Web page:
“It’s about understanding that we humans are not any more important than any other creature on the planet”
A lot has been written lately about the end of the artist as we know her/him. The legend is on the street that AI will take over the process of art creation and that the humans will become obsolete. For Marco Donnarumma this is just another example for people thinking in black and white. During the 2018 edition of CTM Festival Donnarumma will debut his new work „Corpus Nil: Eingeweide“ at Hau2 and for the first not perform alone on stage – he will be joined by the robotic prosthesis Amygdala, driven by custom AI algorithms and behaving independently from its wearer. Thomas Venker talked to Marco Donnarumma.
Marco, your performance at HAU2 as part of CTM is entitled „Corpus Nil: Eingeweide“. Could you tell a bit more what to expect?
“Eingeweide” will stage a tense bodily experience. It will be the experience of a human body and a machine searching for a different, and yet joint bodily identity, where the distinction between them, between flesh and circuits, muscles and wires becomes incredibly hard to make. The performance will be a process of live experimentation, in which my performing body is the means of experimentation. For the first time in my career, I won’t be performing alone on stage, but my partner won’t be human. It will be a robotic prosthesis driven by custom AI algorithms which I’m working on since a year and a half with a fantastic and generous team of scientists, designers and artists, including Margherita Pevere, Ana Rajcevic, Christian Schmidt, Alberto de Campo and Manfred Hild. Personally, this performance is probably the most challenging piece I have created so far, we will see how we fare!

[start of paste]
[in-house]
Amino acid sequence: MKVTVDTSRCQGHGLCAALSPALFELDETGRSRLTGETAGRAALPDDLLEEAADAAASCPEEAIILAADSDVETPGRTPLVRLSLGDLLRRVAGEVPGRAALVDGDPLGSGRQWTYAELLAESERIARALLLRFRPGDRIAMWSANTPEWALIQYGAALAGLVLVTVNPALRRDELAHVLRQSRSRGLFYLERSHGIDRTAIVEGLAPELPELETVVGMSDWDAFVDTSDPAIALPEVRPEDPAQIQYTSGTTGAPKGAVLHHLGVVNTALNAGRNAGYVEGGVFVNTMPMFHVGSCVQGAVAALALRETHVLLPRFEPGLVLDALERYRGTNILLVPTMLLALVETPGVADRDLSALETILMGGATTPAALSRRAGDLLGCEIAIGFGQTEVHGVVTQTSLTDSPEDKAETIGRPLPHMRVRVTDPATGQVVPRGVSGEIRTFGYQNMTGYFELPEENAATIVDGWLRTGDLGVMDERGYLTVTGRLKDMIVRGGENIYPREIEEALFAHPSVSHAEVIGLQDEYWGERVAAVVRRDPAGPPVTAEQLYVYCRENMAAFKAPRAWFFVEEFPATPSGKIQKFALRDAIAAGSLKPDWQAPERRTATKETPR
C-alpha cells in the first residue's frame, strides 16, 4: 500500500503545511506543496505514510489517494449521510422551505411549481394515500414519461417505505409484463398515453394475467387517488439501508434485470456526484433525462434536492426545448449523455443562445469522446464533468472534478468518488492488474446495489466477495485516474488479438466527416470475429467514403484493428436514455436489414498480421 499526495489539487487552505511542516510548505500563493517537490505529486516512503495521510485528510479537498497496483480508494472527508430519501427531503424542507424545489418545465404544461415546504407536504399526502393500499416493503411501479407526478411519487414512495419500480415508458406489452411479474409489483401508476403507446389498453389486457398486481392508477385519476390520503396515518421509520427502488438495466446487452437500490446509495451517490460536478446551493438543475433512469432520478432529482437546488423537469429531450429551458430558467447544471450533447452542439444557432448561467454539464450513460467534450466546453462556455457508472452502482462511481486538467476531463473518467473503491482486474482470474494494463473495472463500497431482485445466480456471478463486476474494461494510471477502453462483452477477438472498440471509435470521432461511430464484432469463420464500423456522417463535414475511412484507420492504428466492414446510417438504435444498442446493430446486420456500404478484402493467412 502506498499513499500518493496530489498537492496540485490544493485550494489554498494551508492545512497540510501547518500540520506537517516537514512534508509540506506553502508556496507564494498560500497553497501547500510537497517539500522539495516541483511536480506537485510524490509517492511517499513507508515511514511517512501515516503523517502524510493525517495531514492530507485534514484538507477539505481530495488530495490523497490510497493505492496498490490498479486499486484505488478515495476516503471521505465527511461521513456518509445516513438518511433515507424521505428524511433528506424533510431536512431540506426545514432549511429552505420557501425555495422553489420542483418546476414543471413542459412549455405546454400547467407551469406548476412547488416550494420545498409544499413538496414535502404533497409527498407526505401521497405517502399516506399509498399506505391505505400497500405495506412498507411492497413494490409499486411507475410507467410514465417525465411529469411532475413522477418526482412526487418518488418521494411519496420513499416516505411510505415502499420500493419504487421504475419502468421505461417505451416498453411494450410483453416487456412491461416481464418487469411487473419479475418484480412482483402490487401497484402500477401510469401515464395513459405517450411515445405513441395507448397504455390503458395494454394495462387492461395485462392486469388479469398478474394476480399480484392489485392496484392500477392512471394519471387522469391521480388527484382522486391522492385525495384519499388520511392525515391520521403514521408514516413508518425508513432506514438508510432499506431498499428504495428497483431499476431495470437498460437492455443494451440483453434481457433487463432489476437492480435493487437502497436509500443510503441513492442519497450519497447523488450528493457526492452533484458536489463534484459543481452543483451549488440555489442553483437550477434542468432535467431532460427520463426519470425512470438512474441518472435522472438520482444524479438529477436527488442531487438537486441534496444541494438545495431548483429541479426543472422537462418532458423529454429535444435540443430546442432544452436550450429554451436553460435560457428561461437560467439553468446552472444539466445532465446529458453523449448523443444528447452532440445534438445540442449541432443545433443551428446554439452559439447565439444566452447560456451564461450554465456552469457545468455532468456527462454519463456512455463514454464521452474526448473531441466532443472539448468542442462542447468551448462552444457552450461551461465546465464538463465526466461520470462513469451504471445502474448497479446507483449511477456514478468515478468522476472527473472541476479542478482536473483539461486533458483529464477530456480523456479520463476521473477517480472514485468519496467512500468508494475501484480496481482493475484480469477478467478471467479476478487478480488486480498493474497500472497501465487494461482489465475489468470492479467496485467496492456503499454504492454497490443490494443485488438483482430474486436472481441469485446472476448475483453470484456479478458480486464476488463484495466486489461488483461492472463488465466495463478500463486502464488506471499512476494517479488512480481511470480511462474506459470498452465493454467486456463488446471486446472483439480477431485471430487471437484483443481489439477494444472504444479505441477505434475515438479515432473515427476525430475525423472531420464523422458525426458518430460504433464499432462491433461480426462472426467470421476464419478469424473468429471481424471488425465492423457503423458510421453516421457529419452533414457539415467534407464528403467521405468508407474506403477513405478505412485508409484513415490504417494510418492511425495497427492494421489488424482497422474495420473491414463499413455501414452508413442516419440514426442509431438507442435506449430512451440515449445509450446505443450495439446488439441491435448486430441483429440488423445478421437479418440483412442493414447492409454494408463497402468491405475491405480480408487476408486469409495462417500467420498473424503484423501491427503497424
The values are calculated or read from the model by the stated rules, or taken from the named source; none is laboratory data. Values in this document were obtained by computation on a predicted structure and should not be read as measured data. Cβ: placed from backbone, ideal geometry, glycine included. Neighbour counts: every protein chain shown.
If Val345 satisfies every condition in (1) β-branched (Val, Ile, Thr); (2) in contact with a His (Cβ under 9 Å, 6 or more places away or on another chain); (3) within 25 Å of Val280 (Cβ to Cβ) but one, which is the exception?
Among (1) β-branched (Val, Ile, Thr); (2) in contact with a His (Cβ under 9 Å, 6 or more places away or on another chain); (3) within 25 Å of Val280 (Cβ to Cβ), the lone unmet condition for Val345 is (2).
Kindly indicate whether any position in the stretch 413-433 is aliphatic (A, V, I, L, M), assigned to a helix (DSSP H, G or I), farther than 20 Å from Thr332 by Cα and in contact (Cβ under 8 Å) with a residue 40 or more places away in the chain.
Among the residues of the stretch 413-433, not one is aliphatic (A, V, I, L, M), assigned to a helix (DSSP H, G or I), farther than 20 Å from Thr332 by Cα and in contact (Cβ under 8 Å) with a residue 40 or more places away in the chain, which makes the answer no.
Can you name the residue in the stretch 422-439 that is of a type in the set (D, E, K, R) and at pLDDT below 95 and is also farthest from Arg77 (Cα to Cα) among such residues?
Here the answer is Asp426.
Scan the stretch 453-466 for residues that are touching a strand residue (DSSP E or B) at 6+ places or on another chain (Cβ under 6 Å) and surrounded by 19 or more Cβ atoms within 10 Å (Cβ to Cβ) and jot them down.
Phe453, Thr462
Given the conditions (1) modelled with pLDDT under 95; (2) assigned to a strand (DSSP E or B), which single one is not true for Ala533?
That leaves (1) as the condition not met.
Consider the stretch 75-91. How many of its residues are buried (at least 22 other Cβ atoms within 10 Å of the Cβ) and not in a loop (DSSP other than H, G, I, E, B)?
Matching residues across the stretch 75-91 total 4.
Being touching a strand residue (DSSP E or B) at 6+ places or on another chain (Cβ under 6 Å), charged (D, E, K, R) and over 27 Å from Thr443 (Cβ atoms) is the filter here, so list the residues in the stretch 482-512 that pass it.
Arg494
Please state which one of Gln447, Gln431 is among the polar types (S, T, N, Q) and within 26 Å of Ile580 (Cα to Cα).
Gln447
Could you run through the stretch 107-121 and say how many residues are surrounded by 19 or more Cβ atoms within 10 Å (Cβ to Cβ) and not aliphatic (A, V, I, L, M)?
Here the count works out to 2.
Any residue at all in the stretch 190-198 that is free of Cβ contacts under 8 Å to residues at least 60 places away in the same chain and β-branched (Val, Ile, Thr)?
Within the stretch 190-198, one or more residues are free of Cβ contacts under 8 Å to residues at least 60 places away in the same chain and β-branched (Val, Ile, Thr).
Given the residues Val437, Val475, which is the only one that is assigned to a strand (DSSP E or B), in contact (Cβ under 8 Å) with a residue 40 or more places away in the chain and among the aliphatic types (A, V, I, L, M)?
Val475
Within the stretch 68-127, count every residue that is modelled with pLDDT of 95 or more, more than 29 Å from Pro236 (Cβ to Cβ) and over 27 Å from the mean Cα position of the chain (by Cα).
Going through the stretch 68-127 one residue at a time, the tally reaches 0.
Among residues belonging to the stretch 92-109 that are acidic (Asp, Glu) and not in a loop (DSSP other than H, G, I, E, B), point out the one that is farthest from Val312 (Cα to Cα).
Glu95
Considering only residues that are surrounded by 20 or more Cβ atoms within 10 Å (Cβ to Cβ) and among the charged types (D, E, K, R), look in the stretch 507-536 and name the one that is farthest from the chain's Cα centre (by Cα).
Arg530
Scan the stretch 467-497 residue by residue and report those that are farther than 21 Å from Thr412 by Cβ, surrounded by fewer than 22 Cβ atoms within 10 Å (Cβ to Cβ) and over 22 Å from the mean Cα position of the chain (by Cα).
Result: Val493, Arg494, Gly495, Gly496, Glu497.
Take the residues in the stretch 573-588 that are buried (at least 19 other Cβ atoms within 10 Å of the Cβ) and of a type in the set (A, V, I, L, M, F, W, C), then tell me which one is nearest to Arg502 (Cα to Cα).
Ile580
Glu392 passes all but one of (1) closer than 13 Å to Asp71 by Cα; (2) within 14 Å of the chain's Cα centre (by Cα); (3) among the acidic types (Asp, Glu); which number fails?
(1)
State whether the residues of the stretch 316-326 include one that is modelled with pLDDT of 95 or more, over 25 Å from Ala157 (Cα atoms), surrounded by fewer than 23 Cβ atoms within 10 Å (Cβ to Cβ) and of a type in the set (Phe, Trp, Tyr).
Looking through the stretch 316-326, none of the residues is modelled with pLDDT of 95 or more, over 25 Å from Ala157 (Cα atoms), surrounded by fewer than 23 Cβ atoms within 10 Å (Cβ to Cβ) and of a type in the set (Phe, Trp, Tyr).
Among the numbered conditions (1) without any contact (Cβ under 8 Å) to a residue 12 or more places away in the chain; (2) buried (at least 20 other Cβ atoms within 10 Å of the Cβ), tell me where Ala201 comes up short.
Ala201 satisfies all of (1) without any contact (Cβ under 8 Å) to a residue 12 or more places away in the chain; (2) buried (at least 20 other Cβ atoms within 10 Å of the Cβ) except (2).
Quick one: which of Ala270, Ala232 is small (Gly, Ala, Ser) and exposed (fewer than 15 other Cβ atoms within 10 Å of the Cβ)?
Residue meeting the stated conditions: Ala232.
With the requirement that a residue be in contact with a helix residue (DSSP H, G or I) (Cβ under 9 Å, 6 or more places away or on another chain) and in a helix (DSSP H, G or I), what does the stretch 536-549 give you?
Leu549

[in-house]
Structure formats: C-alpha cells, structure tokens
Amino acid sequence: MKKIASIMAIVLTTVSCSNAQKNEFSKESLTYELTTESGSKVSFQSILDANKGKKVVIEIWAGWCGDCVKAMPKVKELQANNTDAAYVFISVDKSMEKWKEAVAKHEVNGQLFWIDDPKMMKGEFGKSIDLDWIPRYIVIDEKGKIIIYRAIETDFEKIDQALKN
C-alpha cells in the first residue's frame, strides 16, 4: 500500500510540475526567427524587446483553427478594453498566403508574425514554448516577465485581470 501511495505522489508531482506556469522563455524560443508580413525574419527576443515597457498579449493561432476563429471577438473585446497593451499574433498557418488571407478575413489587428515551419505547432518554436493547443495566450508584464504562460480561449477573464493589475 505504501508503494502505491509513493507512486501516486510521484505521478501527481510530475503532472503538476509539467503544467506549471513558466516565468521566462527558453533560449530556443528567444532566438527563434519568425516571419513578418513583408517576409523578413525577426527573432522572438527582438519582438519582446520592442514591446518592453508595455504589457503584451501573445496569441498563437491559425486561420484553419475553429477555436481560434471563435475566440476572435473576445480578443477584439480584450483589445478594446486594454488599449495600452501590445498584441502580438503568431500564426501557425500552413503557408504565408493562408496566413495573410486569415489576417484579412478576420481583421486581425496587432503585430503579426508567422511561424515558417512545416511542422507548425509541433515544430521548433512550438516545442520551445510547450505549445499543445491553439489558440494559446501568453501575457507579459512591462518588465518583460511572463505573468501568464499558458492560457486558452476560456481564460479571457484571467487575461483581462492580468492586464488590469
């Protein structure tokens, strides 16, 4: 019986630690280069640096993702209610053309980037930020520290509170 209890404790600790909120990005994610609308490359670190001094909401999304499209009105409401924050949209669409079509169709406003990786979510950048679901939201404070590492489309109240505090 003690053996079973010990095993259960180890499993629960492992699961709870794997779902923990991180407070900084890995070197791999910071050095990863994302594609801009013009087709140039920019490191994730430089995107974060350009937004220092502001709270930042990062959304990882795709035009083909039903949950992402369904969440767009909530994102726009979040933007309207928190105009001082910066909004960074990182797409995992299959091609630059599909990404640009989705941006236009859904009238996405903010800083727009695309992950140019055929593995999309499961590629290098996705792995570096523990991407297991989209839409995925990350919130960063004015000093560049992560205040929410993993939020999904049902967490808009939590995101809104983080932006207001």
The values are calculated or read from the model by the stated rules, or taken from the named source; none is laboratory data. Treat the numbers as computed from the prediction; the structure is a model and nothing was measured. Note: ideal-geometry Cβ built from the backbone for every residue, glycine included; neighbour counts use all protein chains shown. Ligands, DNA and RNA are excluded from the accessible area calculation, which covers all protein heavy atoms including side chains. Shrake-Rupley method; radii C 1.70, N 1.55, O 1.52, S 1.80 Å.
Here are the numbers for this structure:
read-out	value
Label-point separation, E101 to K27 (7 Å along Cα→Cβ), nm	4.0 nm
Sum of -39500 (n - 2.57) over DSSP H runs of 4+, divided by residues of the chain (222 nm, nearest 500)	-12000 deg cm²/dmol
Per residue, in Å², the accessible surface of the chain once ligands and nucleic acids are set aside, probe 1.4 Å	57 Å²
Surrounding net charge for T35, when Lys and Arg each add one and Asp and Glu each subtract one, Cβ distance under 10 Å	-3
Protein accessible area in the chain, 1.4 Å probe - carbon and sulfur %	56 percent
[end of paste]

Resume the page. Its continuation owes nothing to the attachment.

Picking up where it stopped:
A while ago you posted this video of Amygdala on your Facebook site. How central is this creation for the performance at HAU? Its part of it, right? Could you describe en detail how you developed it and what’s the general idea behind it and the long time development goal?